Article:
GentriWatch: Thanks to Luxury Condos, Small Business Could ‘Meat’ Its Demise
Welcome to GentriWatch, where we look for signs of gentrification happening around the city.
AFTER JUST FIVE YEARS in business, Australian meat pie peddler KO Pies in South Boston could soon be snuffed out by luxury condominiums, in a scene ripped from Pixar’s Up.
KO Pies, located at the corner of A and West Third streets, is situated in the middle of a Boston Redevelopment Authority-approved, 100-unit complex with retail planned for the first floor.
“Here’s this modern, brand-new building, and then there’s our little old building,’’ owner and Wollongong, Australia native Sam Jackson told the Boston Globe‘s Thomas Farragher. “It doesn’t make any sense. You don’t have to be an architect or a city planner to look at it and go: What’s that?’’
Jackson, 37, and developer Spaulding & Slye Investments met, but failed to reach a settlement for either a buyout or better integration into the design.
“When a community group was formed by local officials to review plans for the development, Jackson and his partners weren’t on it. Jackson said he tried—and failed—to get the attention of South Boston City Councilor Bill Linehan,” writes Farragher, who similarly failed to receive a response from the City Council president.
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ONE OF LINEHAN’S campaign posters hangs on the side of Coffee House in Chinatown, which has shuttered its doors after 33 years.
The wonderful Chinatown bakery at corner of Harrison and Beach St has closed. "Loss of Lease. Closed after 33 Years." pic.twitter.com/sHoMg1x2i4
— The Fort Pointer (@FortPointer) September 9, 2015
As the Fort Pointer notes, this is only the latest in a series of closings in Chinatown due to surging rents.
Gift shop on Harrison St in Chinatown, closing due to rent increase according to proprietor. pic.twitter.com/lxzPRYC1Di
— The Fort Pointer (@FortPointer) September 5, 2015
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CURBED ISSUED ITS list of predictions for the Boston real estate market this fall, as the city’s appetite for luxury housing peters out. From the eventual topping-off of the Millennium Tower to the Green Line extension (if ever completed), there will be plenty to watch for.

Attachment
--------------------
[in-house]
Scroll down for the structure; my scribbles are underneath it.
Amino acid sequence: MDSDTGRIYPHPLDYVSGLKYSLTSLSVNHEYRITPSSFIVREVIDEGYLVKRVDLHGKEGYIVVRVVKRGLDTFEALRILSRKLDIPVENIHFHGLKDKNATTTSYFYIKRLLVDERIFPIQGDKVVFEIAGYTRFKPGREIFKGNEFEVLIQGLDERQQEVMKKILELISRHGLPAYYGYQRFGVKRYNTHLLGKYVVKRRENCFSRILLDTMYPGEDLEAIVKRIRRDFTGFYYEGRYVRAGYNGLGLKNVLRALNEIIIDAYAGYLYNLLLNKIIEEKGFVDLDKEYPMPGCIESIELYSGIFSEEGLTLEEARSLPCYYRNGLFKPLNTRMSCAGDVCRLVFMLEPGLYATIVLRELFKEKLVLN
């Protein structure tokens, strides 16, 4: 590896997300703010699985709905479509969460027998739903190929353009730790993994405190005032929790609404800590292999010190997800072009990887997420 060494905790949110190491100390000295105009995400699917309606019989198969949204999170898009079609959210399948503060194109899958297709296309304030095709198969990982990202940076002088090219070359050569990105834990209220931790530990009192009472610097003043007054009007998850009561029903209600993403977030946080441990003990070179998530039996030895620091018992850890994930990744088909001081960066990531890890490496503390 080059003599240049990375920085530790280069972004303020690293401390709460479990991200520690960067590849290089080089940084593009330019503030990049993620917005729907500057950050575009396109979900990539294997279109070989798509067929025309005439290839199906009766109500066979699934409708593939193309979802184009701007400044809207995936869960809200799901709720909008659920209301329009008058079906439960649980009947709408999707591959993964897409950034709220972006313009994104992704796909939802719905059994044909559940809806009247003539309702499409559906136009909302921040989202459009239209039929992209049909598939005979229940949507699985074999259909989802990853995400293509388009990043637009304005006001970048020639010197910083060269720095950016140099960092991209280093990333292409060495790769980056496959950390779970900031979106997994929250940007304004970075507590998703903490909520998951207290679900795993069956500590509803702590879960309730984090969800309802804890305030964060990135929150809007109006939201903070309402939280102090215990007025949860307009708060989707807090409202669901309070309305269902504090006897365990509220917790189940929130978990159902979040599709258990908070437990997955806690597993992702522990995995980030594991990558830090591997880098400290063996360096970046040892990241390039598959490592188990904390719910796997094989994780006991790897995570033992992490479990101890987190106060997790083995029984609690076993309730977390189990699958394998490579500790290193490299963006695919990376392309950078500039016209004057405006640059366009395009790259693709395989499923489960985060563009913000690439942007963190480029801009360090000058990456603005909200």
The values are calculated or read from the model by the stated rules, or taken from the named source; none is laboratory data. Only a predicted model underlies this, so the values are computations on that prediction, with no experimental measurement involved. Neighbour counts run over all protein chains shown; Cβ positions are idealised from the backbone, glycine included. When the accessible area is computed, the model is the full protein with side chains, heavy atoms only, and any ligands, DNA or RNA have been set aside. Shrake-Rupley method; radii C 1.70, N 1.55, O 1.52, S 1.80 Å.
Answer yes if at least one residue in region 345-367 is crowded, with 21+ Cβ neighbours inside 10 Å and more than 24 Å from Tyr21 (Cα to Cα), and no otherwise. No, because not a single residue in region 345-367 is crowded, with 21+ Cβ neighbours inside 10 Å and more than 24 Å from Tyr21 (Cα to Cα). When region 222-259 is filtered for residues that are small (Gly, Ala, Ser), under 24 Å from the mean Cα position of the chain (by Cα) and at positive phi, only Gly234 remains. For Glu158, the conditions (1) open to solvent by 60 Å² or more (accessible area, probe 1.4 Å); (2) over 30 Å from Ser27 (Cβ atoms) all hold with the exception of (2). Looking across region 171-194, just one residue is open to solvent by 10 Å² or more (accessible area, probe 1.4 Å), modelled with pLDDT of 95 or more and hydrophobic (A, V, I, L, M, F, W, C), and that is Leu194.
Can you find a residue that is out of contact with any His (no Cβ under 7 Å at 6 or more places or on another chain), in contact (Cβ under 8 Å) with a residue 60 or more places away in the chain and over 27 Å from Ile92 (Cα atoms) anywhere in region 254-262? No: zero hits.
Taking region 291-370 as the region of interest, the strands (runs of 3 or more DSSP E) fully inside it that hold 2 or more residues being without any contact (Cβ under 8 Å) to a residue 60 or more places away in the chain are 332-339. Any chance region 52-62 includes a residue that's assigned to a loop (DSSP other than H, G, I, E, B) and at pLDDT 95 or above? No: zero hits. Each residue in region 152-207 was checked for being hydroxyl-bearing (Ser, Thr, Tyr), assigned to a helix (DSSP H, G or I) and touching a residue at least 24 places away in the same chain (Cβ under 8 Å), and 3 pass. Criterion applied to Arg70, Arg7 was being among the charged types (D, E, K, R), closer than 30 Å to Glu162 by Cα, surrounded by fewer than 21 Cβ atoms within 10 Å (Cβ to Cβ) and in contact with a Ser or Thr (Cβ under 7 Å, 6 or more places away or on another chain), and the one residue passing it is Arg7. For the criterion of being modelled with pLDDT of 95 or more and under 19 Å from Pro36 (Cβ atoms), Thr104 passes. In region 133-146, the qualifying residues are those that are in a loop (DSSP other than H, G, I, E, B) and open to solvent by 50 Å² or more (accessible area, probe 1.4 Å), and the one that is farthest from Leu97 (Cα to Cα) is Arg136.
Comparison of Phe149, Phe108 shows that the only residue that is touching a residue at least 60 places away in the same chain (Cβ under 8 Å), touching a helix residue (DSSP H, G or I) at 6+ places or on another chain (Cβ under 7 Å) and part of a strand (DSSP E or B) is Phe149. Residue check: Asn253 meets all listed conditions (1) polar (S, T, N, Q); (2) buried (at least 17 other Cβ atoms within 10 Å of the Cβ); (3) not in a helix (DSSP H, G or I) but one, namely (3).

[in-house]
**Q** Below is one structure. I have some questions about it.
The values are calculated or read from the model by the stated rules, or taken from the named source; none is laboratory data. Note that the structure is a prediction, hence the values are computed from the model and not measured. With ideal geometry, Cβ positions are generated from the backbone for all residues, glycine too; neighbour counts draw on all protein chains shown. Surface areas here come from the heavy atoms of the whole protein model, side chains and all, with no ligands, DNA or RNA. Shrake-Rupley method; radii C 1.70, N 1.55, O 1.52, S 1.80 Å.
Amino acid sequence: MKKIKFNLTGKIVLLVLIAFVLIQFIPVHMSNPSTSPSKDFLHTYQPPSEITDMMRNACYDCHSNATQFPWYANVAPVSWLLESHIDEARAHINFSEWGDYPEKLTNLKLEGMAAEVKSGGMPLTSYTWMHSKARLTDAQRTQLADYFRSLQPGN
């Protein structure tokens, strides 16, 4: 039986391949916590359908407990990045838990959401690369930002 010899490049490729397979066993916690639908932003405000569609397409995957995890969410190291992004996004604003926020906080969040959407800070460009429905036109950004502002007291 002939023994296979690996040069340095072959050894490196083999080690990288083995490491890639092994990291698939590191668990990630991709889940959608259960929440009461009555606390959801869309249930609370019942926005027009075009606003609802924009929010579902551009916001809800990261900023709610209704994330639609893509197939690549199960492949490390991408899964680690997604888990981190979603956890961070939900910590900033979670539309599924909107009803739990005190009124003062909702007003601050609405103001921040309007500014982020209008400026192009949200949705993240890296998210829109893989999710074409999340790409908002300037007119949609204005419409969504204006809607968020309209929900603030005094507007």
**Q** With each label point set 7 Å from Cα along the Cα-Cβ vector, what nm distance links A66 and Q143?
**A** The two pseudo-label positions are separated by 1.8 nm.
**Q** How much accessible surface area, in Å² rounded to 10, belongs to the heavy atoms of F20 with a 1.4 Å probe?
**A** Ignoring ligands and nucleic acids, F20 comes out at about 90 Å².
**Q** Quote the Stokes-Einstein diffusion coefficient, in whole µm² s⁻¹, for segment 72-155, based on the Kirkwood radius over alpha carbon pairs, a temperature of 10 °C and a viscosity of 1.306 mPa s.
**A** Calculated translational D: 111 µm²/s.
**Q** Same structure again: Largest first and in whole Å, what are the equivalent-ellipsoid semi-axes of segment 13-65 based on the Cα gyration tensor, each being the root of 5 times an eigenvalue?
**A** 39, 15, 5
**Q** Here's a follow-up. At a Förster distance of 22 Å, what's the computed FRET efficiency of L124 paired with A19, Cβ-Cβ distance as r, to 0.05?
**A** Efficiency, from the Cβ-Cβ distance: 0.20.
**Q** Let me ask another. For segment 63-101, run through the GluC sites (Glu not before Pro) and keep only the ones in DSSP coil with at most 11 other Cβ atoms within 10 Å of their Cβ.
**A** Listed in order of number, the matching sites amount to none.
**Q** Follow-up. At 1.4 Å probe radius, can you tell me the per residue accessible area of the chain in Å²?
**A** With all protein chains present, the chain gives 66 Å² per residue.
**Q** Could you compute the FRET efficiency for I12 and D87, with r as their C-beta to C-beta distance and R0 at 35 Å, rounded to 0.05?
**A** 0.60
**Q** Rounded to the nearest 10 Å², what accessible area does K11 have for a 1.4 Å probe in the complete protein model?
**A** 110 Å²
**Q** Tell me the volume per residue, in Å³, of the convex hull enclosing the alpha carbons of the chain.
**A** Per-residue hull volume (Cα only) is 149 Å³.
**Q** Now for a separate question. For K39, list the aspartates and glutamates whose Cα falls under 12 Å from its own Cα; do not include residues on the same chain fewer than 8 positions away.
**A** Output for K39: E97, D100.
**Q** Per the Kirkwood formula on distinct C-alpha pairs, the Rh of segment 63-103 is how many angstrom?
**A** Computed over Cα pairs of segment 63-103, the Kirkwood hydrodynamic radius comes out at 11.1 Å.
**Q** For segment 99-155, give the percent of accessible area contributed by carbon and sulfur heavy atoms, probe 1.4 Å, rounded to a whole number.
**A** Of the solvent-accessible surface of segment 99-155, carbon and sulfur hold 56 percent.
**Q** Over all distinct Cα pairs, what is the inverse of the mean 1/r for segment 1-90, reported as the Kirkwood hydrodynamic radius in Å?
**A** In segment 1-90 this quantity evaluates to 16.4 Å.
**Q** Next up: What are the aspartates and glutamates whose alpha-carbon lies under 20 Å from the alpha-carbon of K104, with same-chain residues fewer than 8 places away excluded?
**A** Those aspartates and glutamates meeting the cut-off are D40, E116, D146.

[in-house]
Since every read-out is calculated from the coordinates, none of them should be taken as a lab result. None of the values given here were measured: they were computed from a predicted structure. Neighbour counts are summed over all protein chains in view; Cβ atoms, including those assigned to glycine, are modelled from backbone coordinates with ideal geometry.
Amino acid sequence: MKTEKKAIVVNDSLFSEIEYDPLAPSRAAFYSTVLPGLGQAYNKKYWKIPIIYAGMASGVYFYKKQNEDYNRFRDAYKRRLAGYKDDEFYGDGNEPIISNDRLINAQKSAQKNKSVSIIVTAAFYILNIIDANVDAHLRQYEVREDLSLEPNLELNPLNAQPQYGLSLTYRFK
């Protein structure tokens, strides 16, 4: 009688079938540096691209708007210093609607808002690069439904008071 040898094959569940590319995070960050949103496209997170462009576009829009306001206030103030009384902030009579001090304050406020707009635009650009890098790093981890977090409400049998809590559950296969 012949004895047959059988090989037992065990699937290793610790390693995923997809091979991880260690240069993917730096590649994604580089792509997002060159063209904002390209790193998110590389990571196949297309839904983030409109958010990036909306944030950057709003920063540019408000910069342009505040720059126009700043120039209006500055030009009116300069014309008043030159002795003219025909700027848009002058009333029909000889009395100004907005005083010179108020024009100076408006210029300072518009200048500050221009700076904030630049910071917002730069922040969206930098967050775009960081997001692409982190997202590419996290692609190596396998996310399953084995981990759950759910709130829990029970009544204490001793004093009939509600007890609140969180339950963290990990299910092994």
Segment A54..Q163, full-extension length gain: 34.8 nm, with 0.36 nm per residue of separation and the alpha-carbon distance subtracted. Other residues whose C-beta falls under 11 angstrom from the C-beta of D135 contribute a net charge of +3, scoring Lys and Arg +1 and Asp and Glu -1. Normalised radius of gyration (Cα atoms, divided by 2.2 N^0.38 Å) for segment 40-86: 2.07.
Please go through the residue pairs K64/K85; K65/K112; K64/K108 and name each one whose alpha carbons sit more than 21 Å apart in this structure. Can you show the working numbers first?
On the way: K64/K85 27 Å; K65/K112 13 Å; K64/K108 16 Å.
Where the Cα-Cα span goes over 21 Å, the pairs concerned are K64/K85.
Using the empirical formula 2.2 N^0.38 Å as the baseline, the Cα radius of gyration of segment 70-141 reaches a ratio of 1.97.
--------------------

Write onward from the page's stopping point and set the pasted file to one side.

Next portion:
“Why is the approximately 690-foot Millennium Tower that important?” Tom Acitelli writes. “Well, the Manhattan-esque prices for one thing. For another the spire’s potential to transform the surrounding Downtown Crossing neighborhood once and for all.”
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THE BRA IS making nice with the neighborhood it helped raze to rubble a scant few decades ago.
In an attempt to extend its authority 14 active urban renewal zones, the BRA is collaborating with the West End Museum for an exhibition titled “Dewey Defeats Truman/The Housing Act of 1949.” It will feature maps, archival photos, and documents detailing the passage of the landmark legislation, which gave rise to the controversial strategy known as “slum clearance.”
“Regardless of how well-intentioned federal urban renewal may have been, the ultimate result for the West End was the complete destruction of a vibrant, tight-knit community and the displacement of thousands of families who called that neighborhood home,” West End Museum curator Duane Lucia said in a release.
The BRA’s mea culpa comes ahead of the Boston City Council, BRA Board of Directors, and the state’s Department of Housing and Community Development vote on extending its urban renewal authority, which expires next year.